Hating Whitey: A Toothy Serpent
By Trevor Boyer

Standing in a National Civil Rights Museum in Memphis, David Horowitz is appalled by monuments that venerate Malcolm X and Elijah Muhammad. This is the scene that opens his new book, Hating Whitey and Other Progressive Causes. This is the book for which the Daily refused to carry an ad (because of the apparent offensiveness of the term "whitey"), and the book that Review staffers can be seen hawking in Angell Hall.

Horowitz, a biweekly contributor to Web daily Salon.com and editor of Frontpagemag.com, is a former ‘60s radical who once helped run a Black Panther elementary school. He describes a past idealism based in the idea of "equality for all," and a current conservatism grounded in the same idea.

Of couse, this is the ‘90s, and "equality" for Horowitz now means the complete end of Affirmative Action, and the end of a "Leftist McCarthyism" that silences conservative voices on college campuses. As one who leans leftward more often than not, I was actually surprised at how many times I agreed with Horowitz’s observations and analyses.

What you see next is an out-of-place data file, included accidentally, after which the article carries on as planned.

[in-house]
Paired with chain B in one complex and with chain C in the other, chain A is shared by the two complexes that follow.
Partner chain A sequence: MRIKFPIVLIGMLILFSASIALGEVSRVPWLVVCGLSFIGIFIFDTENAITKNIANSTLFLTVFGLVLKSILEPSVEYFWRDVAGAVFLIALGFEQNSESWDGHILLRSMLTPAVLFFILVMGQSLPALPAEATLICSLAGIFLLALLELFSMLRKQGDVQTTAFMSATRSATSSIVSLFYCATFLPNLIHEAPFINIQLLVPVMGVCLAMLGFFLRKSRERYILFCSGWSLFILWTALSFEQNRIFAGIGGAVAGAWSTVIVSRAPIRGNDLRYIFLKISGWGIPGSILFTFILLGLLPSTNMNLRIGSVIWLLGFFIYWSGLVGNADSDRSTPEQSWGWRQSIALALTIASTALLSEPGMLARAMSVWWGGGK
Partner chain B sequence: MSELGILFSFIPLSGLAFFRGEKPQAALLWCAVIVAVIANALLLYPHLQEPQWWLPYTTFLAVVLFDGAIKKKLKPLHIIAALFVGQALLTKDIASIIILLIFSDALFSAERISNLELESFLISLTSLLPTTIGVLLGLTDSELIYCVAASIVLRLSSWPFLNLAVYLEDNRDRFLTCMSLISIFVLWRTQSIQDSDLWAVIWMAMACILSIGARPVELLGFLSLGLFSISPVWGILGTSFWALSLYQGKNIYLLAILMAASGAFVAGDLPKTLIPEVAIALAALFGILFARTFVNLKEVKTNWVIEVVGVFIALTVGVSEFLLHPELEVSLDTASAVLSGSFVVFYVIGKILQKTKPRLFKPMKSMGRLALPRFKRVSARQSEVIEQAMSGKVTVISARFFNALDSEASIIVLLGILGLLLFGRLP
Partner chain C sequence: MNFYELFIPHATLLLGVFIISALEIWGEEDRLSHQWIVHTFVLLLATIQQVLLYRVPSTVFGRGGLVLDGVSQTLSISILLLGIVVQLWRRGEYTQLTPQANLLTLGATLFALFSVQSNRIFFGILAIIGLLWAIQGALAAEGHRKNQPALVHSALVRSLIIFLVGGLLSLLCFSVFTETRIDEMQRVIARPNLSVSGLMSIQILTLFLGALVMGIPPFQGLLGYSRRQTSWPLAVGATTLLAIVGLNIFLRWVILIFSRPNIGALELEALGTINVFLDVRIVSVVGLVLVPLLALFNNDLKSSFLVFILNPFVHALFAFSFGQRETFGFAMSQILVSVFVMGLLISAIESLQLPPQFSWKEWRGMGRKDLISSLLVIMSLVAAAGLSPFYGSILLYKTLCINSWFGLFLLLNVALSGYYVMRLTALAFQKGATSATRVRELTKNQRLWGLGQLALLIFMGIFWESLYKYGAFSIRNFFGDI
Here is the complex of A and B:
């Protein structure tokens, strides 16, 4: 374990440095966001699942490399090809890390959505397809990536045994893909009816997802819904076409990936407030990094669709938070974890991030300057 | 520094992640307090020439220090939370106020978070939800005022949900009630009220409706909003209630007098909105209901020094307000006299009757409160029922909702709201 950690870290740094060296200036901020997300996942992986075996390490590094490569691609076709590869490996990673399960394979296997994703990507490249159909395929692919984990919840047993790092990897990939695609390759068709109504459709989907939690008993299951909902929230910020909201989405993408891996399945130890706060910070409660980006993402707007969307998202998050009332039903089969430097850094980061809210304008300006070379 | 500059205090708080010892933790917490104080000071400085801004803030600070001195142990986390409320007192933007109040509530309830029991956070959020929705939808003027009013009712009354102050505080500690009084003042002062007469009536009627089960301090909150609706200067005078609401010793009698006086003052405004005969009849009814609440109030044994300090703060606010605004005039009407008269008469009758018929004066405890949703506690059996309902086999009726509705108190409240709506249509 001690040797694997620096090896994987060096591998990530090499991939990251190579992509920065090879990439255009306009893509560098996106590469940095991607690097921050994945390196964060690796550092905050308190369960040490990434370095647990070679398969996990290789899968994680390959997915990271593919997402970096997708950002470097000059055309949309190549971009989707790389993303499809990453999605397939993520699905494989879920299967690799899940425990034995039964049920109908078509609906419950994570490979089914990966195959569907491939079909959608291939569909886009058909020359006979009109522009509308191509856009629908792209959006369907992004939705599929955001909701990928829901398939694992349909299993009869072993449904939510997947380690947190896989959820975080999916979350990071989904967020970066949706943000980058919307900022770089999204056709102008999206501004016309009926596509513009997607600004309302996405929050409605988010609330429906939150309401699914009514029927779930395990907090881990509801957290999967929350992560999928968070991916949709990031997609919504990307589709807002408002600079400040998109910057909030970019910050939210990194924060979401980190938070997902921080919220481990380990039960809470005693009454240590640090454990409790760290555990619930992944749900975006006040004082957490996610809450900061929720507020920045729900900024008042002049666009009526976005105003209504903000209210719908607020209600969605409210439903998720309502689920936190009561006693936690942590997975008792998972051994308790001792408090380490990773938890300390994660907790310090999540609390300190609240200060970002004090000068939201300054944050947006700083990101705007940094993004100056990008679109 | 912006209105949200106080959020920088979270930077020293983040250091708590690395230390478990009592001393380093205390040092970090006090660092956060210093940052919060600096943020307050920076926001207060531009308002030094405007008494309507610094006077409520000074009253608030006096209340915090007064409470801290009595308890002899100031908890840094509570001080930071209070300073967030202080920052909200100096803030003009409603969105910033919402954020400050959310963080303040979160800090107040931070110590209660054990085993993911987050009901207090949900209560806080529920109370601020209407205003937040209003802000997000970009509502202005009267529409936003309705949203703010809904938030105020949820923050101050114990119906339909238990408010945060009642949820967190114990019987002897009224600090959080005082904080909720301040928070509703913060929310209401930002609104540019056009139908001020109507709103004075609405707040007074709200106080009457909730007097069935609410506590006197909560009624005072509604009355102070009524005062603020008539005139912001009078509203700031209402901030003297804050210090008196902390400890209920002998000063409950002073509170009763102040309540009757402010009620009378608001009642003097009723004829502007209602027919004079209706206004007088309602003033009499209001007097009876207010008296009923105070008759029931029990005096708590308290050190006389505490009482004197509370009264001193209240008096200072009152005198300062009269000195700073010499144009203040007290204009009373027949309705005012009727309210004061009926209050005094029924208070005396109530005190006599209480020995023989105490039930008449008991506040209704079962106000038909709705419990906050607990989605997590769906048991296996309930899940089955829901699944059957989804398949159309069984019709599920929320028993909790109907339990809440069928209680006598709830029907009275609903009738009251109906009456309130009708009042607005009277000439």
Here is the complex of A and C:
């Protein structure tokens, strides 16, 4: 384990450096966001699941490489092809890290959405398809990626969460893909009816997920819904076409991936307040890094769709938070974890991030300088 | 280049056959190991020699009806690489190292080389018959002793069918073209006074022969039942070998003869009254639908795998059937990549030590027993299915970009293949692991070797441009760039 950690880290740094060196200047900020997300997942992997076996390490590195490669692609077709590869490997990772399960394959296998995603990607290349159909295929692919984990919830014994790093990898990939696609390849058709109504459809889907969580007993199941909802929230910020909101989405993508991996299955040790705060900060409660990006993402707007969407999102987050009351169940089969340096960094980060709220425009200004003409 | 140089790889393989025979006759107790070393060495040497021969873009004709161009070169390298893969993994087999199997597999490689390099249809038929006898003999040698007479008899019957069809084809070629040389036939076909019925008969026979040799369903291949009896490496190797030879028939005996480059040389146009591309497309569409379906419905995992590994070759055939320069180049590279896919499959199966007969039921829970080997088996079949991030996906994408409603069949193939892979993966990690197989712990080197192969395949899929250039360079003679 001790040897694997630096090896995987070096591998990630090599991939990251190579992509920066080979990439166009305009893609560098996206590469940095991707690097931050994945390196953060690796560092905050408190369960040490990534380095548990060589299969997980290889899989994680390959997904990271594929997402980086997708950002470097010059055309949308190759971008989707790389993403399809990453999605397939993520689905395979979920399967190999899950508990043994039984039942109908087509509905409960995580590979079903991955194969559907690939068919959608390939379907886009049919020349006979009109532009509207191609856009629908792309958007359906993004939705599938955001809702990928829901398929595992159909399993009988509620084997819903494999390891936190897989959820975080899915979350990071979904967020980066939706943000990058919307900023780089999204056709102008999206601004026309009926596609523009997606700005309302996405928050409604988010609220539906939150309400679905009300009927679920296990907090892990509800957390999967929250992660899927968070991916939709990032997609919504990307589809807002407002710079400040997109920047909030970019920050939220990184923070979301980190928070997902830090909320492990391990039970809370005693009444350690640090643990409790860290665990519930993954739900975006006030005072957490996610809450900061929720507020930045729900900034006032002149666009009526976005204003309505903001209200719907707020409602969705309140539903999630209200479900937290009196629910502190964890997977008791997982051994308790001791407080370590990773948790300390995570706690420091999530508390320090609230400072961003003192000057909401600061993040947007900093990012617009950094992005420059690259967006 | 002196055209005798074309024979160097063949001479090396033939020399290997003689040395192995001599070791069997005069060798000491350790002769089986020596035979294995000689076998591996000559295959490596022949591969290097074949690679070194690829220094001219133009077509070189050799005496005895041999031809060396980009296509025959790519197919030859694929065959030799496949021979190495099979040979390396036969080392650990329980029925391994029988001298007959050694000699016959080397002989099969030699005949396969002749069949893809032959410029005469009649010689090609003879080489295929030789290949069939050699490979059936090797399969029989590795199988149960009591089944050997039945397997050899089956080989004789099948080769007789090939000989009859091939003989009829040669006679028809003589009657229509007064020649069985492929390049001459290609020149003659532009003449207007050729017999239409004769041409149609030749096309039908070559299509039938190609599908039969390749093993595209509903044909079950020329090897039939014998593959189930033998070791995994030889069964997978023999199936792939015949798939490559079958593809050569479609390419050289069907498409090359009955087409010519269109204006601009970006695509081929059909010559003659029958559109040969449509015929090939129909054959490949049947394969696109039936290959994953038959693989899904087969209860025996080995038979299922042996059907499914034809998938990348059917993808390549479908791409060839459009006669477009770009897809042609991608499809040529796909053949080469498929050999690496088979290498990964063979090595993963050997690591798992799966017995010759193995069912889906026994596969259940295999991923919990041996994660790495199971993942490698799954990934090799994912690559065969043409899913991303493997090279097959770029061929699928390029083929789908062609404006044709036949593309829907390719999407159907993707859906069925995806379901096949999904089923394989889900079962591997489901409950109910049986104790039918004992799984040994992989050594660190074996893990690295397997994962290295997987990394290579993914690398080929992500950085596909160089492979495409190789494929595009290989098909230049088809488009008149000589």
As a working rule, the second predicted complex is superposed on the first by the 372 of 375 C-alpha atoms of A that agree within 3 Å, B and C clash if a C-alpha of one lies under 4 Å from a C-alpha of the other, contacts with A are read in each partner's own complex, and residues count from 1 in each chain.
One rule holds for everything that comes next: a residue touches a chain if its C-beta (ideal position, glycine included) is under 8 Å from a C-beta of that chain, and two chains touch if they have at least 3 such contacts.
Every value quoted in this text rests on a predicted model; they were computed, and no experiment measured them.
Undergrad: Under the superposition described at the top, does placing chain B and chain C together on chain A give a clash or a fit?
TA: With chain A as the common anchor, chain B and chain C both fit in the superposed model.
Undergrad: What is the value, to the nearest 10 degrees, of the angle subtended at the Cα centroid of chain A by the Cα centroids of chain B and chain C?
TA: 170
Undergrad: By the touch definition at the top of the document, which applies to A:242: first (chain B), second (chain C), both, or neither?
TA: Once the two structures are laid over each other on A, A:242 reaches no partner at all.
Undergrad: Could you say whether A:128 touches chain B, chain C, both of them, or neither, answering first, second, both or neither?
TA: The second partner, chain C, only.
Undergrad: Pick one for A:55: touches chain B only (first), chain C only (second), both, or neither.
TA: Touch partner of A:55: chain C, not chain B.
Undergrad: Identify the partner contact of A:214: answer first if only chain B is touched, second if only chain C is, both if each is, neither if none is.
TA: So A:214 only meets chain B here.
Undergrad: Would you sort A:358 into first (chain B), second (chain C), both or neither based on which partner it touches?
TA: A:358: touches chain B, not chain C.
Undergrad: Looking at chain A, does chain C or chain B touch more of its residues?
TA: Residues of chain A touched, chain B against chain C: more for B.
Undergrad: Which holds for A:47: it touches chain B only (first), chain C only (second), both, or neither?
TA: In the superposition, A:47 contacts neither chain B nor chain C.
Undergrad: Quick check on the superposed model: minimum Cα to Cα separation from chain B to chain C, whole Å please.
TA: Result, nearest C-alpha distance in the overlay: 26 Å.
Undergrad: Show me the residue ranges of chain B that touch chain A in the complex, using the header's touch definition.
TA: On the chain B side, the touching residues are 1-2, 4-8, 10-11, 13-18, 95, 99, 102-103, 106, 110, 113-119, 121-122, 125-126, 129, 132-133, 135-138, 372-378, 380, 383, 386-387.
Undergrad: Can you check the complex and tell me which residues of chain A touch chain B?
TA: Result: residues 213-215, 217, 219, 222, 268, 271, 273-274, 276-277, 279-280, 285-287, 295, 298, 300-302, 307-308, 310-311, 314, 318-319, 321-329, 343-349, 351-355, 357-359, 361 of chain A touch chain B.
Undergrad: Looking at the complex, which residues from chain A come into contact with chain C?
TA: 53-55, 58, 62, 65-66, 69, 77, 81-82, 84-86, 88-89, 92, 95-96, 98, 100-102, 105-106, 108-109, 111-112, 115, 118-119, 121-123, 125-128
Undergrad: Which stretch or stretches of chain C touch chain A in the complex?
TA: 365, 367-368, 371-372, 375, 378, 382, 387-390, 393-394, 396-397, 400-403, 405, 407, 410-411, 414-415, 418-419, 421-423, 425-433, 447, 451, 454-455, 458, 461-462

Guess what? Elijah Muhammad, founder of the still-powerful Nation of Islam, was a racist. Here’s a religious cultist who twisted traditional Islam into a form that soon appealed to disaffected urban blacks. Muhammad actually claimed that the devilish white man was a genetic creation of some mythical character called Dr. Yacub. Don’t believe it? Check The Autobiography of Malcolm X. It’s all there.

Of course, Horowitz’s attitude toward Malcolm X serves as an example for where the liberal in me strays from his side. Malcolm X was a dynamic leader whose views ended up in the realm of radical, non-racist progressivism, and whose life and ideas have provided direction and inspiration to millions of Americans, white and black alike.